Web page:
Thomas Organ Company Cry Baby Wah
Even though the most obscure effects often become the most collectible, the Cabinet would become a trove of curiosities rather than a real collection without a few stone-cold classics. And a classic doesn’t achieve such a status without a real story. Though you wouldn’t think so, the modest Cry Baby wah has one of the most convoluted histories of all effects, but it starts with the Beatles.
To condense this into a bite-sized piece, Vox amps were manufactured and sold by two different companies. If you were an American guitarist, chances are the Vox amps you were buying came from the Thomas Organ Company, while players in Europe enjoyed the designs of Dick Denney, under the guidance of JMI, Vox’s parent company founded by Thomas Jennings, himself the original founder of Vox. These English-made amps were just a bit more en vogue than their American counterparts, courtesy of the Fab Four.
Eventually, Thomas decided to create a new line of amplifiers that were centered around the Beatles, namely the Super Beatle amp, and with it, the choice to completely transistorize each amp rather than fill them with vacuum tubes. The decision was made to double down on Beatlemania; the reasoning was that these lower-cost amps would find themselves in as many hands as possible. In the midst of this Beatlization, Thomas, headed by a big bandleader named Bill Page, assigned an engineer named Brad Plunkett to transistorize the popular MRB circuit found in Jennings-made Vox amps.
This circuit consisted of a rotary switch filled with capacitors and inductors that formed a band pass filter, of which there were three positions. Imagine a wah pedal with three different frequencies and no sweepable filter! After Plunkett housed his circuit in an old organ expression pedal, Page grabbed his saxophone and played through it. Everyone loved the sound of the sax through the pedal, and the CEO of Thomas made the decision to sell it as a wind instrument effect. An employee of Thomas remarked to Reed that the sound reminded him of a trumpet mute used by Clyde McCoy on his rendition of “Sugar Blues” and suddenly, this new device was a Clyde McCoy signature model, whether McCoy himself used it or not.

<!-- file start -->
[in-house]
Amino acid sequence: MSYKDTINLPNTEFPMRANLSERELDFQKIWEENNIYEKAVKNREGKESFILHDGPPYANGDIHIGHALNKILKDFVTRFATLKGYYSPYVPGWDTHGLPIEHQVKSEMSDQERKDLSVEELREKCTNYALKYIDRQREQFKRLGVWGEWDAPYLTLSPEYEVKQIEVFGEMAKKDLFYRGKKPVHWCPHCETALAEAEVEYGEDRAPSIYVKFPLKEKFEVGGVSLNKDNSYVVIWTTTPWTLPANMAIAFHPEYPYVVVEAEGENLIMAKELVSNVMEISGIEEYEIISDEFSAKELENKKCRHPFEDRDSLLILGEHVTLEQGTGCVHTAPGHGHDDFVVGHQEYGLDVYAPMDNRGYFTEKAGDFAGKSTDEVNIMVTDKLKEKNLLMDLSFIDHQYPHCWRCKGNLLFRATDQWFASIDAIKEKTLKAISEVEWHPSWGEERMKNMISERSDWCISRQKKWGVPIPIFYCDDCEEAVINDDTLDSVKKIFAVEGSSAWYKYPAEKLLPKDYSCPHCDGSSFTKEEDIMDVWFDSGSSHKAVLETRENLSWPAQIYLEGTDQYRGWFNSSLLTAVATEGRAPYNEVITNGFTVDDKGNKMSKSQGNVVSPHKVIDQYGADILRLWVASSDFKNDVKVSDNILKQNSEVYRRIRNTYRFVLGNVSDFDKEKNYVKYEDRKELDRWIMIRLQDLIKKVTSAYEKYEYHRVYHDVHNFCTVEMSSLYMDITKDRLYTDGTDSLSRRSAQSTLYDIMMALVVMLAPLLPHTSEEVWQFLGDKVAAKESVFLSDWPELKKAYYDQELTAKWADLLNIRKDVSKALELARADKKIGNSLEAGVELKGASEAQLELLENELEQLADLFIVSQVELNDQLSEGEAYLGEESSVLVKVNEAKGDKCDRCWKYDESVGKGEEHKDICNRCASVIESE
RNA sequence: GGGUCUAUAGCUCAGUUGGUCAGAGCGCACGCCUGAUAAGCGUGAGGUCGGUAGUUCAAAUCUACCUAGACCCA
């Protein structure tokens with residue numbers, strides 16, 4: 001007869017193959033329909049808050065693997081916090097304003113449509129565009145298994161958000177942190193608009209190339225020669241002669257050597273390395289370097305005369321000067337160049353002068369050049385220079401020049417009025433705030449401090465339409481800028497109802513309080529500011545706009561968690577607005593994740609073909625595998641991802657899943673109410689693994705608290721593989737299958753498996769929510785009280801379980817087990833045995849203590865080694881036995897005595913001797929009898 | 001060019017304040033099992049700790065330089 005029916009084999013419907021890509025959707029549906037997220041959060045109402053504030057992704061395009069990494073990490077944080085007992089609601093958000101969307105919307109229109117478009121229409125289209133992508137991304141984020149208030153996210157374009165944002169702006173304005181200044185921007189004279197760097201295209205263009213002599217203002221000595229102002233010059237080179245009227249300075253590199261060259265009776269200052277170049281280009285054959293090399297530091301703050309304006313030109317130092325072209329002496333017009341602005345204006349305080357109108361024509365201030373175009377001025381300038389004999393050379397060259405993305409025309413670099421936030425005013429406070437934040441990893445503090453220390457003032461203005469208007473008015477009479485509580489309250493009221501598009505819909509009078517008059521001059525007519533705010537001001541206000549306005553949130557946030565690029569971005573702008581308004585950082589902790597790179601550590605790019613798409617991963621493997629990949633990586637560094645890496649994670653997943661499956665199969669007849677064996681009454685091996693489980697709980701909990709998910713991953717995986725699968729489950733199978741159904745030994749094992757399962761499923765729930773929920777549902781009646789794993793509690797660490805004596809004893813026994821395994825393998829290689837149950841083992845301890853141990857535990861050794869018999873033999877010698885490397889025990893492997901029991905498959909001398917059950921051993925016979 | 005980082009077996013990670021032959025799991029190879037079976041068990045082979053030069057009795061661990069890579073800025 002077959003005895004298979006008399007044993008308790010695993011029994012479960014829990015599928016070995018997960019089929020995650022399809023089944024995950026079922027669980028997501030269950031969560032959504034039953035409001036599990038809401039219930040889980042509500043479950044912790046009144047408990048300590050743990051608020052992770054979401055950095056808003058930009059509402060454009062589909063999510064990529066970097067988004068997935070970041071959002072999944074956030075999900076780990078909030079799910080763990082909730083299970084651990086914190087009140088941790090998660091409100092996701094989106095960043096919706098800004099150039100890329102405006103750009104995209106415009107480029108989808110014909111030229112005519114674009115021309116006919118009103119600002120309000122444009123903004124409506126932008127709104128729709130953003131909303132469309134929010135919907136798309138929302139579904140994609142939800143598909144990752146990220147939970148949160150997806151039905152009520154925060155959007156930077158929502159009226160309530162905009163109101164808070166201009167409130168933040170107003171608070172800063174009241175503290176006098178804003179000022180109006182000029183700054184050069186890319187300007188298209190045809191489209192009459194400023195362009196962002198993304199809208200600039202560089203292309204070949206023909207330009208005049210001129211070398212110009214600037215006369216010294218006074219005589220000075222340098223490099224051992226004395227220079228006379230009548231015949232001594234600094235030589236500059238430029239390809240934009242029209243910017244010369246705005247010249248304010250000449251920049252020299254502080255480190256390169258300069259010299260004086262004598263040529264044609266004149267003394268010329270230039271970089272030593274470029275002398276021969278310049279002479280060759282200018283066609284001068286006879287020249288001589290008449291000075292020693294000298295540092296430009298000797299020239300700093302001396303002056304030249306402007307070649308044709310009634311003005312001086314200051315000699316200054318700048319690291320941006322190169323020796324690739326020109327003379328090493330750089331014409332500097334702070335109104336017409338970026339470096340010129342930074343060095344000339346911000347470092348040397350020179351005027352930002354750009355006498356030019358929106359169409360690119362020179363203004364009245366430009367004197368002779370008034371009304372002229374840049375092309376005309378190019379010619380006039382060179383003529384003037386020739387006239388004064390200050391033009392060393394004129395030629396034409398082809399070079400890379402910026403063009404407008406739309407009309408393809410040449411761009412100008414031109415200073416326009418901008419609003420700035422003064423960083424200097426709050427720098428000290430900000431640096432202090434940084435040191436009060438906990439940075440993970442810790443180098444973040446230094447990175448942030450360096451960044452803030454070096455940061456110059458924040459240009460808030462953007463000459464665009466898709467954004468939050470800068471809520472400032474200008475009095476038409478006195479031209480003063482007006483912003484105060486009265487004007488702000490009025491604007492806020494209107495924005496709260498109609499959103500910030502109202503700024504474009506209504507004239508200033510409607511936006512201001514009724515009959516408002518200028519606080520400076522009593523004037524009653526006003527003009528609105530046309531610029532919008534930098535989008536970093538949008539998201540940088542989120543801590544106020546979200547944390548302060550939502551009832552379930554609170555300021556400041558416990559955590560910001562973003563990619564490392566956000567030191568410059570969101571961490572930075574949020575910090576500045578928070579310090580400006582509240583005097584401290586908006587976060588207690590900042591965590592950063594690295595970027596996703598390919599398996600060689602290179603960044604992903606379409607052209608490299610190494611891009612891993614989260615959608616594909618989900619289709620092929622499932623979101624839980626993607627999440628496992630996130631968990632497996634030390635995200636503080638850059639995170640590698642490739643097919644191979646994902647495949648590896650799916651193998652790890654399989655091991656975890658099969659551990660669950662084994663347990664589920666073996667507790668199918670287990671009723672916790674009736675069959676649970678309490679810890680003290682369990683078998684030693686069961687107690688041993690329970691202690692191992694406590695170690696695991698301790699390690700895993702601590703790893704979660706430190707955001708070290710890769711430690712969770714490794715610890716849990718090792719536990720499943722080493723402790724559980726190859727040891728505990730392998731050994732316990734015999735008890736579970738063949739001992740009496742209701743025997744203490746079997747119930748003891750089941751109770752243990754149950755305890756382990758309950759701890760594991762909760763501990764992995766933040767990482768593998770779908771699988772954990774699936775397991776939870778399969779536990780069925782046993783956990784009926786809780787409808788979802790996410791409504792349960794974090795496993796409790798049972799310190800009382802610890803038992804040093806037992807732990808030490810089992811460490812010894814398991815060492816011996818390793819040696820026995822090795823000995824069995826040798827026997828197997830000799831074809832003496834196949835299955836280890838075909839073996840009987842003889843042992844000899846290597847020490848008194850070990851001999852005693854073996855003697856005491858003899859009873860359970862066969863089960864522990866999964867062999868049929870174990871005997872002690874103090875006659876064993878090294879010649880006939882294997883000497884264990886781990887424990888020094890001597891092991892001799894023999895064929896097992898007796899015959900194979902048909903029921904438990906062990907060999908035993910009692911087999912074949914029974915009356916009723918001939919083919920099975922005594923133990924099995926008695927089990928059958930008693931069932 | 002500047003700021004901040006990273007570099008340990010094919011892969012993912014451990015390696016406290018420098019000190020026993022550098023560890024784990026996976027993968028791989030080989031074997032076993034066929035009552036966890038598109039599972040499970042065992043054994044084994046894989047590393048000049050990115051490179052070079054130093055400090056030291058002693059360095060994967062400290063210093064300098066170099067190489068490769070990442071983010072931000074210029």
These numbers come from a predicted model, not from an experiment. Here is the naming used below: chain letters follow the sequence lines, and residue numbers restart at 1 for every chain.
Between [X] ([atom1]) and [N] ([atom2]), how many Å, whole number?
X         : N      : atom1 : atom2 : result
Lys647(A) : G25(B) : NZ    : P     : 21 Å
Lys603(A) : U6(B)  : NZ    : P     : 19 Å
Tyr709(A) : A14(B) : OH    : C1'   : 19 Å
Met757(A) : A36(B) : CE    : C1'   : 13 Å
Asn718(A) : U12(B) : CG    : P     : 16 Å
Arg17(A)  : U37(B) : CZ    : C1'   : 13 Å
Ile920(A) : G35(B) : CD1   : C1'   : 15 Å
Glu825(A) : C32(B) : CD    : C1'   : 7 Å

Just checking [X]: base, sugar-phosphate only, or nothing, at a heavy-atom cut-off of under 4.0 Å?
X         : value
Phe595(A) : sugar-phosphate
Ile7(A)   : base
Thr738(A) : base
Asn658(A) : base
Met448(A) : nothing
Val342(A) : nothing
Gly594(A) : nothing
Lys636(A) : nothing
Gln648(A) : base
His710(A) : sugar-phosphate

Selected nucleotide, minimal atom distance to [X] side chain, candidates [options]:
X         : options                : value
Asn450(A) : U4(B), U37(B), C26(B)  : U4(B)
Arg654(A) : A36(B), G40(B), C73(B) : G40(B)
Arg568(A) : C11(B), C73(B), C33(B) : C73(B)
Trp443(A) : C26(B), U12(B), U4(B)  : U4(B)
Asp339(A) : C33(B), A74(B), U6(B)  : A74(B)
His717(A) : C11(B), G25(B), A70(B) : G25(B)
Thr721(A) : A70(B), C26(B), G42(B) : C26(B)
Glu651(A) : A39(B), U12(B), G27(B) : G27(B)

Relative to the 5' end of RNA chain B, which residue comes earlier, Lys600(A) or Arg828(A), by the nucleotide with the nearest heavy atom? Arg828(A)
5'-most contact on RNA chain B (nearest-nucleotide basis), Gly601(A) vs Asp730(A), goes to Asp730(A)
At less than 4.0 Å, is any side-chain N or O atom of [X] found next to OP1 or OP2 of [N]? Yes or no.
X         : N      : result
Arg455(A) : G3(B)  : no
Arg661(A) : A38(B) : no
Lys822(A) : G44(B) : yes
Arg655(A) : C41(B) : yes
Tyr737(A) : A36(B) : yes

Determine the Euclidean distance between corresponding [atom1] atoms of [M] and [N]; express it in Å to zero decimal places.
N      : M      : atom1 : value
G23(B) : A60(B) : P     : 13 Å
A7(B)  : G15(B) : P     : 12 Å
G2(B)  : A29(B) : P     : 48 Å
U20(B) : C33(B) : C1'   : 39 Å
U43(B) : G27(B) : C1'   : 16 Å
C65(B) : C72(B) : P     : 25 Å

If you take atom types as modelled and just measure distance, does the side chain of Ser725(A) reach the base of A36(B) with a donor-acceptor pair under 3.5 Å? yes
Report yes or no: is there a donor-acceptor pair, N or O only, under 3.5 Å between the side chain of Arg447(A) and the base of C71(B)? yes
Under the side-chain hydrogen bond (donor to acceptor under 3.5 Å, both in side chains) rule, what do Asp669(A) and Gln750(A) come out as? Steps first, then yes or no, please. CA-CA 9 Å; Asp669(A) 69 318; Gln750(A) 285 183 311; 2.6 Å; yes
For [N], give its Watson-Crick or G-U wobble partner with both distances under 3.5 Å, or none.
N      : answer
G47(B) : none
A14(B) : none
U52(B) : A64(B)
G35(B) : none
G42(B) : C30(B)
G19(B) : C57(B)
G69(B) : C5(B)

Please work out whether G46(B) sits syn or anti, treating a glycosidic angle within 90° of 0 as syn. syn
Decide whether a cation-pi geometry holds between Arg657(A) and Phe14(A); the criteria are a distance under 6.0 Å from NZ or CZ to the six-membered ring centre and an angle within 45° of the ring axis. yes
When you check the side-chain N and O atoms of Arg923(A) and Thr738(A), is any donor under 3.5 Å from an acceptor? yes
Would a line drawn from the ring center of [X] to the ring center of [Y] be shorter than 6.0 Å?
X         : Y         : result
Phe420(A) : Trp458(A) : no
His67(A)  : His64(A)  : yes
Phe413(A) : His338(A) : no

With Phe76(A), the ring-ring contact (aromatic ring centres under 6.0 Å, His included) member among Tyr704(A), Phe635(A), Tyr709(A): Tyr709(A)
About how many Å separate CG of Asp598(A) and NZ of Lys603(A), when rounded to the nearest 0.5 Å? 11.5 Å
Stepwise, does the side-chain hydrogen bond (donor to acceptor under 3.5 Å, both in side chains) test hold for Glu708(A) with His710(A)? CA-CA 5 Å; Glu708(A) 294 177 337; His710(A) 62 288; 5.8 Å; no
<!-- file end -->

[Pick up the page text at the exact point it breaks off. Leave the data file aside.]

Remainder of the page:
From there, manufacturing splintered as it was prone to do in those days, with certain factories licensing effects to other companies that eagerly bought and rebranded them. The earliest wahs were built in Italy, and they continued making them while Vox and Thomas figured it out amongst themselves. Thomas changed the stateside release’s name to “Cry Baby” but failed to trademark it, and so imitators were cropping up everywhere. And since the wah pedal was a relatively new development, everyone had to have it and all but the most die-hard brand loyalists didn’t care whose hands were building them.
This is the reason there are so many different manufacturers of vintage wah pedals, so many unofficial names such as the “picture wah,” named for the picture of Clyde McCoy on the bottom panel, and so many related to crying, several of which I actually own---the Apollo Crier, the Maxon Blubber and so on and so forth. For a time, it was the Wild West out there. Most of these feature nearly identical component values but vary wildly on the one component that wah geeks say makes all the difference: the inductor.
If it weren’t for the wah pedal, many casual pedal electronics dabblers might not know that an inductor is an actual electronic component. But because so much effort has been made to replicate the wah pedals of yesteryear, there are myriad types of aftermarket inductors out there, in addition to the ones used in the actual pedals. And even back in wah’s heyday, these inductors were varied and plentiful. Today’s wah fans identify older pedals chiefly by these inductors, and with that long-winded intro, I give you this week’s piece, my very own Thomas Organ Company Cry Baby, built in 1977 in Chicago.
To understand the lore behind these wahs is to understand the manufacturing regions. While the first Cry Baby pedals were built in Sepulveda, California, the second run was built in Italy. However, the bulk of Thomas Organ wahs were manufactured in one of two places: Sepulveda (for the second time) and Chicago, Illinois. Of these two, most of the Sepulveda pedals use what came to be known as the “TDK” inductor, because it was, well, made by TDK and said as much on the component. And most of the Chicago pedals featured what came to be known as the “stack of dimes” inductor, because that’s what it looks like. Mine was the rare case, a Chicago model with a TDK inductor. I swapped it out for a Whipple inductor, my favorite aftermarket, and with Q1’s emitter resistor changed from a 470 ohm to a 255 ohm precision resistor because I’m bougie like that, and the 1.5K changed to 1.2K to decongest the mids. That’s how I like it and I’m sticking to it.